The Communication Workers Unions wants legislation to introduce a maximum pay ratio of 20:1 between bosses and workers. Linking the wages of those at the top with those at the bottom of a company, would incentivise bosses to increase the wages of those earning the least and therefore increase their own. 

Announce another cost of living support package

The most vulnerable families will face the greatest costs as prices soar, while many more will experience poverty in the coming months, charities have warned. 

Earlier this year the government announced a cost of living package, including a household support fund of £421million for struggling families and money off energy bills. But these measures are a drop in the ocean when viewed in the context of the scale of the crisis. 

Alongside the cut to national insurance, Truss has said she will cancel a planned rise in corporation tax and suspend green levies on energy bills. 

Rebecca McDonald of the JRF, said the new prime minister should “immediately revisit the government’s cost of living support”. Experts at the foundation claim the government will need to at least double its support for low-income families and planning for a substantial support package needs to start immediately.

Increase universal credit

Energy bills could be more expensive than the entire income of universal credit claimants from January. The energy price cap is expected to rise to £4,200 at the beginning of next year, according to forecasts from consultancy Cornwall Insight, yet the standard allowance for a single person on universal credit is around £4,018 a year. 

The JRF is also urging the government to increase basic universal credit entitlements so that, as a minimum, people can afford the essentials. The government removed the £20-a-week universal credit uplift in October meaning a loss of more than £1,000 a year for benefits claimants. Gordon Brown, Enough is Enough and other campaigners have called for the government to reinstate the uplift as an emergency measure in the cost of living crisis.

Sam Tims, of the New Economics Foundation, told the Big Issue in August the “next prime minister should align social security to the cost of living while scrapping the benefit cap, two child limit and deductions from universal credit”.

Expand free school meals

Poverty experts, campaigners and celebrities have also repeatedly urged the government to expand the free school meals scheme as millions of children face poverty. Analysis from the Resolution Foundation has projected a further 500,000 children will fall into poverty by April 2023. That’s on top of nearly 4 million children already living in poverty, according to the Child Poverty Action Group’s most recent statistics.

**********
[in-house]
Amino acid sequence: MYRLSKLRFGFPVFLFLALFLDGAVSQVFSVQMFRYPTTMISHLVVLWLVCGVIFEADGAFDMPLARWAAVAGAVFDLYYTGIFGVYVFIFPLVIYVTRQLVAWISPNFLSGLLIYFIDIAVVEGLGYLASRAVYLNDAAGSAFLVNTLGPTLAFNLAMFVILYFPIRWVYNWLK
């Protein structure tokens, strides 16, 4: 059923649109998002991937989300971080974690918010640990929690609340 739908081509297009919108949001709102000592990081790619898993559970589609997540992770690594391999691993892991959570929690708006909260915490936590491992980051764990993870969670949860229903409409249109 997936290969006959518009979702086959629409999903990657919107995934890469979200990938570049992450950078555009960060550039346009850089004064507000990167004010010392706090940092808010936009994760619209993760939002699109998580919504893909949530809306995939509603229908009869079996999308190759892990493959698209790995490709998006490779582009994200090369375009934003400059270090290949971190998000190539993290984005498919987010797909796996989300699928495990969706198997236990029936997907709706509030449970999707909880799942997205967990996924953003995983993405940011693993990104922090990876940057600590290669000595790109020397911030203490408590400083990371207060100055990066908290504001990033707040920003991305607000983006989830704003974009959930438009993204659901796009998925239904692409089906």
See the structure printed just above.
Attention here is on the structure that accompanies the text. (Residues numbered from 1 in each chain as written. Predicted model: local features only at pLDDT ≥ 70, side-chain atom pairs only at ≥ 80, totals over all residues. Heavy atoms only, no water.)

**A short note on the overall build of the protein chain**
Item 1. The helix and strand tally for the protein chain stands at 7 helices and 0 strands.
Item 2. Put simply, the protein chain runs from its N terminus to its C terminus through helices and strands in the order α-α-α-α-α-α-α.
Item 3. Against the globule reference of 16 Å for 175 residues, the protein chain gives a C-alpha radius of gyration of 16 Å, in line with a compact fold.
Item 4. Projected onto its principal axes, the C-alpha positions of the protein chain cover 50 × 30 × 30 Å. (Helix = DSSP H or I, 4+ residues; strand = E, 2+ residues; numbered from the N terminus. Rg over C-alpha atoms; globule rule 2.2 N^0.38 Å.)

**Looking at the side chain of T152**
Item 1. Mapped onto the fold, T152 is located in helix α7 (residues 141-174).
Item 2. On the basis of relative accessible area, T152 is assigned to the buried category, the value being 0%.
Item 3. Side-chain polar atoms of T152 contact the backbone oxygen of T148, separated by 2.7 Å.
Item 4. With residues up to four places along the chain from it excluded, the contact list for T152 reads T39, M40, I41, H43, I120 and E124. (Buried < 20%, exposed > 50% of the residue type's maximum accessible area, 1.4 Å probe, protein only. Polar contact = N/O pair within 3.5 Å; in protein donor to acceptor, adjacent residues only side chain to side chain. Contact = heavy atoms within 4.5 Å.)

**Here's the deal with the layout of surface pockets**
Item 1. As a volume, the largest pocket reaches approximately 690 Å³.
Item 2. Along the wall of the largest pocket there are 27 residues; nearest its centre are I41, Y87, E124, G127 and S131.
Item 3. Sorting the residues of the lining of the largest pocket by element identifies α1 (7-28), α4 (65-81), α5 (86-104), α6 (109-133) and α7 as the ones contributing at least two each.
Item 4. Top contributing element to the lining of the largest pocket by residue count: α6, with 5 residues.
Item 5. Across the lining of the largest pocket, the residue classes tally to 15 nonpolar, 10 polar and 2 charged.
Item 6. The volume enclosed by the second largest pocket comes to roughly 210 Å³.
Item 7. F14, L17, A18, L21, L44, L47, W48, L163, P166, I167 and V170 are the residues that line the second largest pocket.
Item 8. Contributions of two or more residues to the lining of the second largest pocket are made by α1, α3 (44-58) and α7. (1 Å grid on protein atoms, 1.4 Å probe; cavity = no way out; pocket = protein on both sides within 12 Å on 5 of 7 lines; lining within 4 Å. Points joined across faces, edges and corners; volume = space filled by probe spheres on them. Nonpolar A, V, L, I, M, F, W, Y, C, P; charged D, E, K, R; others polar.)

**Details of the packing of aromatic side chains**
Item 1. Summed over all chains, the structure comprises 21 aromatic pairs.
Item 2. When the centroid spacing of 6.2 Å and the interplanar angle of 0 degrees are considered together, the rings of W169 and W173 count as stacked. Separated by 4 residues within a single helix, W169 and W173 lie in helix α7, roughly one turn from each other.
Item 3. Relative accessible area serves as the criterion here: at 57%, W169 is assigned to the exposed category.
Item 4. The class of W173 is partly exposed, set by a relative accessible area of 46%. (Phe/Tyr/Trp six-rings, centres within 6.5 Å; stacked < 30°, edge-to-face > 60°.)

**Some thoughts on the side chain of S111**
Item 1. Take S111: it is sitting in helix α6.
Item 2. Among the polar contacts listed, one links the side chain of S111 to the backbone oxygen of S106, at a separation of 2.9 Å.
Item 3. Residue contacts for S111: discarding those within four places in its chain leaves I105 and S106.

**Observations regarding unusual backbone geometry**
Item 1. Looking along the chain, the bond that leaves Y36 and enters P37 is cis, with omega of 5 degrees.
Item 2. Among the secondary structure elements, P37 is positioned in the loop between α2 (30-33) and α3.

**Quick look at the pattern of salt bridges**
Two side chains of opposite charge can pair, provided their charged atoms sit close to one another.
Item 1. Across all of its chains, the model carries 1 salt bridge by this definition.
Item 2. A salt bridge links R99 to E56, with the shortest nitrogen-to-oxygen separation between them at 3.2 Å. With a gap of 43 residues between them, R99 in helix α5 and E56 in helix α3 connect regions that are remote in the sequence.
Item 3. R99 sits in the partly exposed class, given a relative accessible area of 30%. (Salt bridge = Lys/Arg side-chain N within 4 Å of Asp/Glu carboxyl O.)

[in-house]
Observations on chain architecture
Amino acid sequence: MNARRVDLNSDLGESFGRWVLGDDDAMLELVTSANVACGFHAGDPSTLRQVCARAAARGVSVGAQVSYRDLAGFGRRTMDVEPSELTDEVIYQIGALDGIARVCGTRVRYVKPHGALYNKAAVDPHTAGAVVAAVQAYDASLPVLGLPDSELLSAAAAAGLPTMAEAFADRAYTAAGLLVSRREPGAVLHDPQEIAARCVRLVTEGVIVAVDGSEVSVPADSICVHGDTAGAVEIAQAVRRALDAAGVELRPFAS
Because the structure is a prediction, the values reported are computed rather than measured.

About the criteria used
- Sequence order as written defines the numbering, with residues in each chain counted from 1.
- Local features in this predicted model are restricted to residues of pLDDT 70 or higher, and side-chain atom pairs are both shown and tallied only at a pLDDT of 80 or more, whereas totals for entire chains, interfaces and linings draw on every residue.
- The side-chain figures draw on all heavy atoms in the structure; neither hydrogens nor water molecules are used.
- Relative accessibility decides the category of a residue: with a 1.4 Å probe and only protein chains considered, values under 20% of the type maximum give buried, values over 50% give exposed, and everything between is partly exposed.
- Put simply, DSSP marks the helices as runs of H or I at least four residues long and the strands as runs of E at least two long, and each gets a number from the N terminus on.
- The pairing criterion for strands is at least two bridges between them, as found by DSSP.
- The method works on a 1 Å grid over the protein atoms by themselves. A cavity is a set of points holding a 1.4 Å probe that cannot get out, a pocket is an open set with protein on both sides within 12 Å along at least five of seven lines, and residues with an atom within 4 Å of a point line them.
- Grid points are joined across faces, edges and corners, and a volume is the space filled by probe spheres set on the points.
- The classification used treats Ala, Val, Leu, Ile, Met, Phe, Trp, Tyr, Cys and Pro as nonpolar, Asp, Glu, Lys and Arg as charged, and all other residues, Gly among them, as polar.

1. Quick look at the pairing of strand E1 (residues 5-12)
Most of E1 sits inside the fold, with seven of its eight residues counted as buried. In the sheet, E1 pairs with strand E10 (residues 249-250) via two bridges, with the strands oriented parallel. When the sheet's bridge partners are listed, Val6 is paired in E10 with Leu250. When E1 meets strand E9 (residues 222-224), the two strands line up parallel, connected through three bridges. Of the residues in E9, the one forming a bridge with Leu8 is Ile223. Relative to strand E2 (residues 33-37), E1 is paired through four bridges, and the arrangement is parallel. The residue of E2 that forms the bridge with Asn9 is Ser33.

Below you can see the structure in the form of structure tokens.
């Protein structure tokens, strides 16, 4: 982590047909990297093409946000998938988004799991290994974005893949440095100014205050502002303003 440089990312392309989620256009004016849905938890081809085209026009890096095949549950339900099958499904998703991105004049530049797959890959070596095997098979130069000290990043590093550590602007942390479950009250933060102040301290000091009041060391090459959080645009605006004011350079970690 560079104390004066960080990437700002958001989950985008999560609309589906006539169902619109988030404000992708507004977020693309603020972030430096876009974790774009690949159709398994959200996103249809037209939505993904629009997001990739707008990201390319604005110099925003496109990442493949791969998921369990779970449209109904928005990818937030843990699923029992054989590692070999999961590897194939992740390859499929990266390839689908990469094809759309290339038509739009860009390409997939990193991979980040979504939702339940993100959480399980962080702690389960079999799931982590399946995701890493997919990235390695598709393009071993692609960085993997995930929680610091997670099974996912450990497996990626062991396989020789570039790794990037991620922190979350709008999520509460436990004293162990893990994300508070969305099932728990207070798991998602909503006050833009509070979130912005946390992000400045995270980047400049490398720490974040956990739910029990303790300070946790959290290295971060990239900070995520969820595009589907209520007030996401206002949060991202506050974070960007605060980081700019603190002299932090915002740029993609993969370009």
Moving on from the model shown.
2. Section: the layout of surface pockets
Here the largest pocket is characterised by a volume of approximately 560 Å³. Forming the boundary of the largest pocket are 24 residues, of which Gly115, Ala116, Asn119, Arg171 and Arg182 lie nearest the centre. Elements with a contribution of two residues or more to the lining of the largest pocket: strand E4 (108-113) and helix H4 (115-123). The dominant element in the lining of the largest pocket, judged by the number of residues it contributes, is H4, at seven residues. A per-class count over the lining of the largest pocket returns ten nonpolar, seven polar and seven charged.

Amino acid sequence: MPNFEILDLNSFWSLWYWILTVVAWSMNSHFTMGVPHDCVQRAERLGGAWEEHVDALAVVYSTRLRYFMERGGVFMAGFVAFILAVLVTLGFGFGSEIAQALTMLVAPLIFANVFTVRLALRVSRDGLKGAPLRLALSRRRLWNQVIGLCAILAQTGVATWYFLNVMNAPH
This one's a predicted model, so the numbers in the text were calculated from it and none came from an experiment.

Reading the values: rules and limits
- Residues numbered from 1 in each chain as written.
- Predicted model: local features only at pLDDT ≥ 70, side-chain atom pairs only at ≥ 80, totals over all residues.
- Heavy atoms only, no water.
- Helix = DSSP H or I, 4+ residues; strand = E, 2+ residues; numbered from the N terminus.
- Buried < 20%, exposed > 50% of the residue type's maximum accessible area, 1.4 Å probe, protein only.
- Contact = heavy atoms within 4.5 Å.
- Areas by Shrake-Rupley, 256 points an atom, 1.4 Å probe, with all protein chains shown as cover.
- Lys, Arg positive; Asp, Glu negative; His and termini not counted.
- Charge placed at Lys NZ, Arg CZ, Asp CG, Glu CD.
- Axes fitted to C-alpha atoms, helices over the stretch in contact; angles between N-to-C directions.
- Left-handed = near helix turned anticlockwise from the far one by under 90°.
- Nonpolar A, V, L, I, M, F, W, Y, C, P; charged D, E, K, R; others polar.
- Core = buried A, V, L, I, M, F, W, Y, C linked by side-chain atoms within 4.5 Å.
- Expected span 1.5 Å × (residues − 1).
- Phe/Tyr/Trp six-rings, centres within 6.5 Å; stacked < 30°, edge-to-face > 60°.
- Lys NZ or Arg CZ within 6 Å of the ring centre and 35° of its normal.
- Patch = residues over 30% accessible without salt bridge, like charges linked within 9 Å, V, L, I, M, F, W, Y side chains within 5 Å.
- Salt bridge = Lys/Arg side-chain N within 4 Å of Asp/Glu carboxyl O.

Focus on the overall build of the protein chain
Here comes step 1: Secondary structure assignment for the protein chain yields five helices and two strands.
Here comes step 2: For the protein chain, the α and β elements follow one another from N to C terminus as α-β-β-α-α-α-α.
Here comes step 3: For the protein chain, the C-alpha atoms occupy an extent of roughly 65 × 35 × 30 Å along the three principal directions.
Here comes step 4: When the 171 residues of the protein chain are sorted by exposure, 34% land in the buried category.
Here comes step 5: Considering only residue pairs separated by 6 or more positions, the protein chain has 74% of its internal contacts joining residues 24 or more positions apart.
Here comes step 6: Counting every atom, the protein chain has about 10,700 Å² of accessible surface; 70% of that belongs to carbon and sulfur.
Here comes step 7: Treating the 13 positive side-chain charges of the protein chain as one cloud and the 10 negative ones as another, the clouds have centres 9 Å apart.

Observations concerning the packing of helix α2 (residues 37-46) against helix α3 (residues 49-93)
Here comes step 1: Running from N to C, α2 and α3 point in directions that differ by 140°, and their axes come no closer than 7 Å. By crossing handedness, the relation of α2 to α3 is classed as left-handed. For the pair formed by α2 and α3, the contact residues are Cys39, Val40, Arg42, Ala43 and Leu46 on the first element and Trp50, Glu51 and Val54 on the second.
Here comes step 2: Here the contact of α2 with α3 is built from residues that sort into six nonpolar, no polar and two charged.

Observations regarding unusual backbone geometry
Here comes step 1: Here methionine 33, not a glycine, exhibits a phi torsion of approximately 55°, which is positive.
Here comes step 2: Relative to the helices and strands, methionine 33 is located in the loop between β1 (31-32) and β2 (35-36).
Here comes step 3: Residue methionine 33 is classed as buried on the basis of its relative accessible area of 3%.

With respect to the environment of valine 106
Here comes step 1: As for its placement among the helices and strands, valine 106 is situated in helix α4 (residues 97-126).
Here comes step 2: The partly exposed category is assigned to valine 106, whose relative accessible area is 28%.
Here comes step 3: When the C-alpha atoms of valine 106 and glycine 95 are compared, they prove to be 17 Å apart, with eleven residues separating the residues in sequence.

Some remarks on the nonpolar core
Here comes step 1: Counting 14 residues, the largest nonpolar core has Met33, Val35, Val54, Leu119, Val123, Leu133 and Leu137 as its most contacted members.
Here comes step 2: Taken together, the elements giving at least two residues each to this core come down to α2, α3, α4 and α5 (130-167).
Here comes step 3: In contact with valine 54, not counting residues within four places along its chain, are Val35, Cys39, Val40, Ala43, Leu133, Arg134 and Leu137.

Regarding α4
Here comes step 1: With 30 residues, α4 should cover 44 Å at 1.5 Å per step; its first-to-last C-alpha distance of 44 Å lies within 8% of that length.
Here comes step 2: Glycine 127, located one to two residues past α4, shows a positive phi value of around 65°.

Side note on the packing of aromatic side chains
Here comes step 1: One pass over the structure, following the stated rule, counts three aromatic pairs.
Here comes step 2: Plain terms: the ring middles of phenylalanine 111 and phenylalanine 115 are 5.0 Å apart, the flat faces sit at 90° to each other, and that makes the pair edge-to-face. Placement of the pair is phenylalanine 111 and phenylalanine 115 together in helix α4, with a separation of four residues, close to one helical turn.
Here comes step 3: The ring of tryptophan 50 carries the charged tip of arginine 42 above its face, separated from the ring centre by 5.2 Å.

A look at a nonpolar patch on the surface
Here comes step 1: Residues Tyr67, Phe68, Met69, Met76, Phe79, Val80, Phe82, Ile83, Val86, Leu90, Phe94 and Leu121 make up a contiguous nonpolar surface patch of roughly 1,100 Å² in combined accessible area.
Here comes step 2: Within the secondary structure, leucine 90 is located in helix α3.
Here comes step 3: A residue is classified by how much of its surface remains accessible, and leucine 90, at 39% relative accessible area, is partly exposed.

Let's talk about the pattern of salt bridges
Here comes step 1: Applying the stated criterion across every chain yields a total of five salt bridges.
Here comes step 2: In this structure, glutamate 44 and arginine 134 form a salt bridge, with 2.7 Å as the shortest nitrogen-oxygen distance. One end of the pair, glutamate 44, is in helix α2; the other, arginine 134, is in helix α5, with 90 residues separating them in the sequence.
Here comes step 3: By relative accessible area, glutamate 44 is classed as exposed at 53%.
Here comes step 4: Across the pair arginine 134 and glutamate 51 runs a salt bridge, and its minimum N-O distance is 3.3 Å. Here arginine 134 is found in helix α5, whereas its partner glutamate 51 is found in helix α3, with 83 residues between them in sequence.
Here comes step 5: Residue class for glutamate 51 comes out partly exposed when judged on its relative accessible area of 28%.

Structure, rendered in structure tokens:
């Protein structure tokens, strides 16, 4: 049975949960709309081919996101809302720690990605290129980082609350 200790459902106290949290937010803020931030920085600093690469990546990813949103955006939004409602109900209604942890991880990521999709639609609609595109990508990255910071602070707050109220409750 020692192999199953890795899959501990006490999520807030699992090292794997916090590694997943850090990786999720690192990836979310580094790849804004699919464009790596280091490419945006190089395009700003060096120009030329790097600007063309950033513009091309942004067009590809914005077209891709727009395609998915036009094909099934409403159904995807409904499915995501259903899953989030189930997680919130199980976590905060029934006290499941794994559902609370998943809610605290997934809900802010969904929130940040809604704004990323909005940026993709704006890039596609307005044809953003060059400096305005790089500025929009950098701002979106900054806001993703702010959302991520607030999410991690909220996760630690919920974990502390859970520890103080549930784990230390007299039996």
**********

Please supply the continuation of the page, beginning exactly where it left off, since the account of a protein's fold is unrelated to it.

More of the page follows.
Expanding the scheme could mean offering free school meals to all children of families on universal credit, as Marcus Rashford called for previously.

National Vendor Week 2024

A celebration of people who are working their way out of poverty.
Vendor martin Hawes

Recommended for you

View all
Every damning detail from ex-border inspector's reports the Home Office didn't want you to see
David Neal's reports are damning for the Home Office
Immigration

Every damning detail from ex-border inspector's reports the Home Office didn't want you to see

Rwanda asylum plan could cost taxpayer more than £500m. Here's how that could be much better spent
Rishi Sunak and James Cleverly have been trying to get the Rwanda scheme off the ground
A modest proposal

Rwanda asylum plan could cost taxpayer more than £500m. Here's how that could be much better spent

Sarah Everard inquiry: Cops accused of violence against women must be suspended, government told
sarah everard vigil
Social justice

Sarah Everard inquiry: Cops accused of violence against women must be suspended, government told

50,000 asylum seekers trapped in 'never-ending limbo' by Home Office, think tank says
Immigration

50,000 asylum seekers trapped in 'never-ending limbo' by Home Office, think tank says

Most Popular

Read All
Renters pay their landlords' buy-to-let mortgages, so they should get a share of the profits
Renters: A mortgage lender's window advertising buy-to-let products
1.

Renters pay their landlords' buy-to-let mortgages, so they should get a share of the profits

Exclusive: Disabled people are 'set up to fail' by the DWP in target-driven disability benefits system, whistleblowers reveal
Pound coins on a piece of paper with disability living allowancve
2.

Exclusive: Disabled people are 'set up to fail' by the DWP in target-driven disability benefits system, whistleblowers reveal

Here's when UK households to start receiving last cost of living payments
next dwp cost of living payment 2023
3.

Here's when UK households to start receiving last cost of living payments

Strike dates 2023: From train drivers to NHS doctors, here are the dates to know
4.

Strike dates 2023: From train drivers to NHS doctors, here are the dates to know